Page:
We had people who became self-appointed “game ninjas.” It wasn’t my intent, but there were so many people in different parts of the world who raised their hand to promote the game within their office. They became a network of influencers who would get their local offices to engage in discussions about the company’s strategy and the content of the game. We had HR leaders facilitating the roll-out, and making sure that space was set up and employees were playing. But the ninjas took it on themselves to have a launch meeting to talk about the game, or they went to another group and led a discussion about it at a department meeting. And they wanted to keep the discussion alive – even after people had finished playing the game.

Our team in the UK decided that they would hike one of the tallest peaks in the UK, and they would play the game when they got to the top of the mountain. They sent a photo of themselves playing it.

We got weekly feedback about the game, and employee counts of how many people had played it. Our steering committee had a weekly call, and we even made a few adjustments, including changes to the feedback survey and couple of the cards after we had begun the roll-out.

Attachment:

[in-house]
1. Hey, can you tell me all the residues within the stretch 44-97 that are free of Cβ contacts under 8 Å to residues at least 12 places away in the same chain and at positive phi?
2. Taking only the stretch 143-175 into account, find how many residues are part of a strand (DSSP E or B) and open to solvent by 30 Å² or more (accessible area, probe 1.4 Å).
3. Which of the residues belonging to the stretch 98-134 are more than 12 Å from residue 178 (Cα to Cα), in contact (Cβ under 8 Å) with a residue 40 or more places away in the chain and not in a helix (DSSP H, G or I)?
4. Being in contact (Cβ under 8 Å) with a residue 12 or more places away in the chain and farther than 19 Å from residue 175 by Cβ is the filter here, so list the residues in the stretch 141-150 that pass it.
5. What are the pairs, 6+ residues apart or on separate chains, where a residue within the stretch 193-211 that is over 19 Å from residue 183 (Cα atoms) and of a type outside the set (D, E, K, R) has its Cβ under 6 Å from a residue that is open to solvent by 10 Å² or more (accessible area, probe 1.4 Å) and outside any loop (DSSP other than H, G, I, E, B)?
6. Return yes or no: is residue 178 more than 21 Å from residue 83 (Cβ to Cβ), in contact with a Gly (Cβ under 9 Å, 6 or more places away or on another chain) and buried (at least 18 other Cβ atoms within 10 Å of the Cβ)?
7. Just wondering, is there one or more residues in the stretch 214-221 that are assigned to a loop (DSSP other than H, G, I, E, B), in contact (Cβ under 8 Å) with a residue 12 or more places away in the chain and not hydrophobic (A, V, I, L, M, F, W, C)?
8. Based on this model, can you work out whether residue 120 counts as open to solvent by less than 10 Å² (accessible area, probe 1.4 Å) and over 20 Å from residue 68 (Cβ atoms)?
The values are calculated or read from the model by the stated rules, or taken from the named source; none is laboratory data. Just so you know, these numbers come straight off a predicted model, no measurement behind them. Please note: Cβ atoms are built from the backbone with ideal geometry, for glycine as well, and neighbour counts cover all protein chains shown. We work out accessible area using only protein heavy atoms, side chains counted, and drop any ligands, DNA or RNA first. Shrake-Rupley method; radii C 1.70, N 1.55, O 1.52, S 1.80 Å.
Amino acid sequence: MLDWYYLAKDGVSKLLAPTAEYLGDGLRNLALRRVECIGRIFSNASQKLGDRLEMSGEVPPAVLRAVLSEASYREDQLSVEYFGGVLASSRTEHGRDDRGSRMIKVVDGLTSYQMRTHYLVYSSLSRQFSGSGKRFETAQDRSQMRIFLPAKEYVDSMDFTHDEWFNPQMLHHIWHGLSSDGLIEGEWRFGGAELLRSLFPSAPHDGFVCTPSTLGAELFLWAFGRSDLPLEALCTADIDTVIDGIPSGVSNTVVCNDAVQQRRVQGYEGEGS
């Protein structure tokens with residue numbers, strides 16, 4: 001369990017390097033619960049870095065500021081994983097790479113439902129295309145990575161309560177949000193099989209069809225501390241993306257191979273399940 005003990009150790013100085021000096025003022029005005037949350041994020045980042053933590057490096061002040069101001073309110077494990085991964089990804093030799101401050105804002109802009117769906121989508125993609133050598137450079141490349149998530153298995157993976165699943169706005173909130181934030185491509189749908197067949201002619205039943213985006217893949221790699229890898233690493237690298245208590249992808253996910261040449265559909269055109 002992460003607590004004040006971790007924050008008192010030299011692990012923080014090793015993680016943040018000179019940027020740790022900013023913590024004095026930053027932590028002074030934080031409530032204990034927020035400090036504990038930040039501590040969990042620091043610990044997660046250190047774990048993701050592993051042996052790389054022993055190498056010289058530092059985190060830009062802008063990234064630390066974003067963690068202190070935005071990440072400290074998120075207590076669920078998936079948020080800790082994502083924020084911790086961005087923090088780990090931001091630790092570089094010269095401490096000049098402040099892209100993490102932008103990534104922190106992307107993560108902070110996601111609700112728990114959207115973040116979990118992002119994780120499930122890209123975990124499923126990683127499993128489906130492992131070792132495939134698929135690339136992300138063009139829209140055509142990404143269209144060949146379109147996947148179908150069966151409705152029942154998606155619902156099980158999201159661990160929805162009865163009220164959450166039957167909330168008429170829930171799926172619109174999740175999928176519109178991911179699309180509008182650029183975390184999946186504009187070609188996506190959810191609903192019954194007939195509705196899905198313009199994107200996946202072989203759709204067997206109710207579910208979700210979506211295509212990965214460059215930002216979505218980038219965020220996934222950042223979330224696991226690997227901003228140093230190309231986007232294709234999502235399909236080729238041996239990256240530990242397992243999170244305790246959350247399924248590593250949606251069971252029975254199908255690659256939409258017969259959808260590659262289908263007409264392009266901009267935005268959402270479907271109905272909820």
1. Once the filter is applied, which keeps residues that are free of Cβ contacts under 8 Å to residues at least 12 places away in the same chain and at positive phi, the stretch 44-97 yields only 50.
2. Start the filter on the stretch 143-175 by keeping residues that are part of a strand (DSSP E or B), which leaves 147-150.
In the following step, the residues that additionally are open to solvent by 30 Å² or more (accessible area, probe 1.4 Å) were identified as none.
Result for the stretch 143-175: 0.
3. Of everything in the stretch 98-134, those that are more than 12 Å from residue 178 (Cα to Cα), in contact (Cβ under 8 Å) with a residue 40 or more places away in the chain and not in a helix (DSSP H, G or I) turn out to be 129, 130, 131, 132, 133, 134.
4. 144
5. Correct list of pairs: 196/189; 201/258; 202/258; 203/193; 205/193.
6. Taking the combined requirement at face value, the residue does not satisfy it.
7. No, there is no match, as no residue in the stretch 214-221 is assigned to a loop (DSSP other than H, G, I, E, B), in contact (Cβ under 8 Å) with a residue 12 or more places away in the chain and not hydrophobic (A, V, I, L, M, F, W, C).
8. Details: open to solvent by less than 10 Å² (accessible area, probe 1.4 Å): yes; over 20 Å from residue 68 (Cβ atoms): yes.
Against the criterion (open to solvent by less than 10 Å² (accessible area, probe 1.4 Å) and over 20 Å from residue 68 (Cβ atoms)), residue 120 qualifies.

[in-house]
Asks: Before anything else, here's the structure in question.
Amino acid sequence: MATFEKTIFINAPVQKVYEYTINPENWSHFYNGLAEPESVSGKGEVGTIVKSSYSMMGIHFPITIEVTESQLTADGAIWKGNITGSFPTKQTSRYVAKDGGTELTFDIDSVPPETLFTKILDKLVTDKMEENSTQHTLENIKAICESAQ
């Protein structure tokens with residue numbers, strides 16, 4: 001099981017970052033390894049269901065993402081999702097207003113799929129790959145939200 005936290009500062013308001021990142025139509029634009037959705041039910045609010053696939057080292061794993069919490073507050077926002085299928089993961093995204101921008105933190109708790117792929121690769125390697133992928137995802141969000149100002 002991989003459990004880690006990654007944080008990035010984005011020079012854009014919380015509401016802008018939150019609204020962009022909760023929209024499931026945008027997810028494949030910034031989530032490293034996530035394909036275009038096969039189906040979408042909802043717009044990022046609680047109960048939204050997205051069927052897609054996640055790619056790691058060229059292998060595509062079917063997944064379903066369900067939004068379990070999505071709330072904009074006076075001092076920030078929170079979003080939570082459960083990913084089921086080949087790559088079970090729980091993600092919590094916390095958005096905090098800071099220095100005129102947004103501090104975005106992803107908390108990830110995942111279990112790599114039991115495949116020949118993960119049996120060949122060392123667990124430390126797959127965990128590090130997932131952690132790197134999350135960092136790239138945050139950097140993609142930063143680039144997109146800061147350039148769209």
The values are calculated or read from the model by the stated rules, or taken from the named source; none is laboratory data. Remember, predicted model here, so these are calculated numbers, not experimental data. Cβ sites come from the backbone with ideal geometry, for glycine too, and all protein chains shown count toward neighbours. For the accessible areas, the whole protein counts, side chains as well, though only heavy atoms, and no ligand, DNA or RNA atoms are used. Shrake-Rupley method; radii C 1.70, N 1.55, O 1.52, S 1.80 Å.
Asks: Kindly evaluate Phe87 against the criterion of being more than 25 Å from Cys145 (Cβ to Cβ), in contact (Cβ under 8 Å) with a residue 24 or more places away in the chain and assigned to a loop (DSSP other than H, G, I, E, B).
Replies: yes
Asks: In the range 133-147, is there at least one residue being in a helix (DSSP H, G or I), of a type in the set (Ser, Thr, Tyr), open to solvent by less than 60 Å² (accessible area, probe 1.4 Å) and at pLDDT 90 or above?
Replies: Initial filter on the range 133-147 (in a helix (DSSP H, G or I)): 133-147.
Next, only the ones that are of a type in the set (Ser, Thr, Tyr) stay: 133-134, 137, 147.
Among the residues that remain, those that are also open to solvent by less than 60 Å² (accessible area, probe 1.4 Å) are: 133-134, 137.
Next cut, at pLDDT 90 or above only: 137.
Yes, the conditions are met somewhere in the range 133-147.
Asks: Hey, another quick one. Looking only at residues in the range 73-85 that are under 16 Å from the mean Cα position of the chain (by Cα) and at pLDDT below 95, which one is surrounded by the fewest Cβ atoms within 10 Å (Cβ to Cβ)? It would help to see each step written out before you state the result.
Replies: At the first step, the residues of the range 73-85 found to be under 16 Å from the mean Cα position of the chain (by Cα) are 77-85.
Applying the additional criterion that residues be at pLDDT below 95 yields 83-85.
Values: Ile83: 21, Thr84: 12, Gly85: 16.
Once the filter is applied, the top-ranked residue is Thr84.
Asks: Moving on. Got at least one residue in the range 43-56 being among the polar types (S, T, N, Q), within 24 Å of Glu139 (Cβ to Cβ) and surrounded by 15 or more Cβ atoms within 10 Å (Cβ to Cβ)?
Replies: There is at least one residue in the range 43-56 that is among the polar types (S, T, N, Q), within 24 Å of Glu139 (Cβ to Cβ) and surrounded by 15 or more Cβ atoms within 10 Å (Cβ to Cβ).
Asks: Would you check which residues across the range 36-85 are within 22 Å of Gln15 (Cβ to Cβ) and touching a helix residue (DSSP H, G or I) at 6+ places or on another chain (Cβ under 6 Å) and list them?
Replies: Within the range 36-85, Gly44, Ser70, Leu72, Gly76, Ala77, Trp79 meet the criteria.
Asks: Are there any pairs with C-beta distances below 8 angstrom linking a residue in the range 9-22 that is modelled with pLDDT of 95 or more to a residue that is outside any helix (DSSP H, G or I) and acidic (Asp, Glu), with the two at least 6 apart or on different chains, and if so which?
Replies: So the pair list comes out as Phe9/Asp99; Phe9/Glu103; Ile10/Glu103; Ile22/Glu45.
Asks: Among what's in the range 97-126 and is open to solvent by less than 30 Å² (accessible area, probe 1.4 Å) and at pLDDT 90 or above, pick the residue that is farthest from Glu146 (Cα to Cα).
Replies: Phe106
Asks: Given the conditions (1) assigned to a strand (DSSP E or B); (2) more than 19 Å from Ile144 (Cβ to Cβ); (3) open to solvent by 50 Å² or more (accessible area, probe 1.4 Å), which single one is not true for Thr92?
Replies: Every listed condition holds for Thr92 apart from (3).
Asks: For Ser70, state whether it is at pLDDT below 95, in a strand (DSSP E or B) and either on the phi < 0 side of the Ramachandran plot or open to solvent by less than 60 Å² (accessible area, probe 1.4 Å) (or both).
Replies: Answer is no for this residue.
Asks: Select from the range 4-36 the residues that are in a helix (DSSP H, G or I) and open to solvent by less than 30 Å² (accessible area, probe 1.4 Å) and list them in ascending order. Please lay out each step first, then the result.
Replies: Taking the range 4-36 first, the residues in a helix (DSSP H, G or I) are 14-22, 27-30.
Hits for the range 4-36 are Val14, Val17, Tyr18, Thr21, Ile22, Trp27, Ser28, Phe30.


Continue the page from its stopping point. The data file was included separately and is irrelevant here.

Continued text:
Don’t Shy Away from Controversy

Some of the best conversations came from the playing cards which discussed choices where we had made mistakes, and real-life examples of businesses we didn’t do well, and where we decided there were better owners for a business. Employees thought the game enabled candid discussions about not only what worked, but what didn’t work. The game helped people discuss these strategic decisions. It was kind of like, people had heard about it in the rumor mill, but here it was in black and white on the card, admitting we made the wrong choice.

Some of the paradoxes we presented for people to react to in the game were quite interesting. We had one about the world becoming smaller and more similar, and how what we do in the US might work globally — we can translate it. That one created some of the most debate, because we had always been a risk-averse company.Another card presented the idea that we should focus on the end consumer of our products, when we had been primarily a business-to-business company that sells through large financial institutions or phone carriers. That kind of consumer understanding was an idea that was new and controversial to some people. (The game board is below.)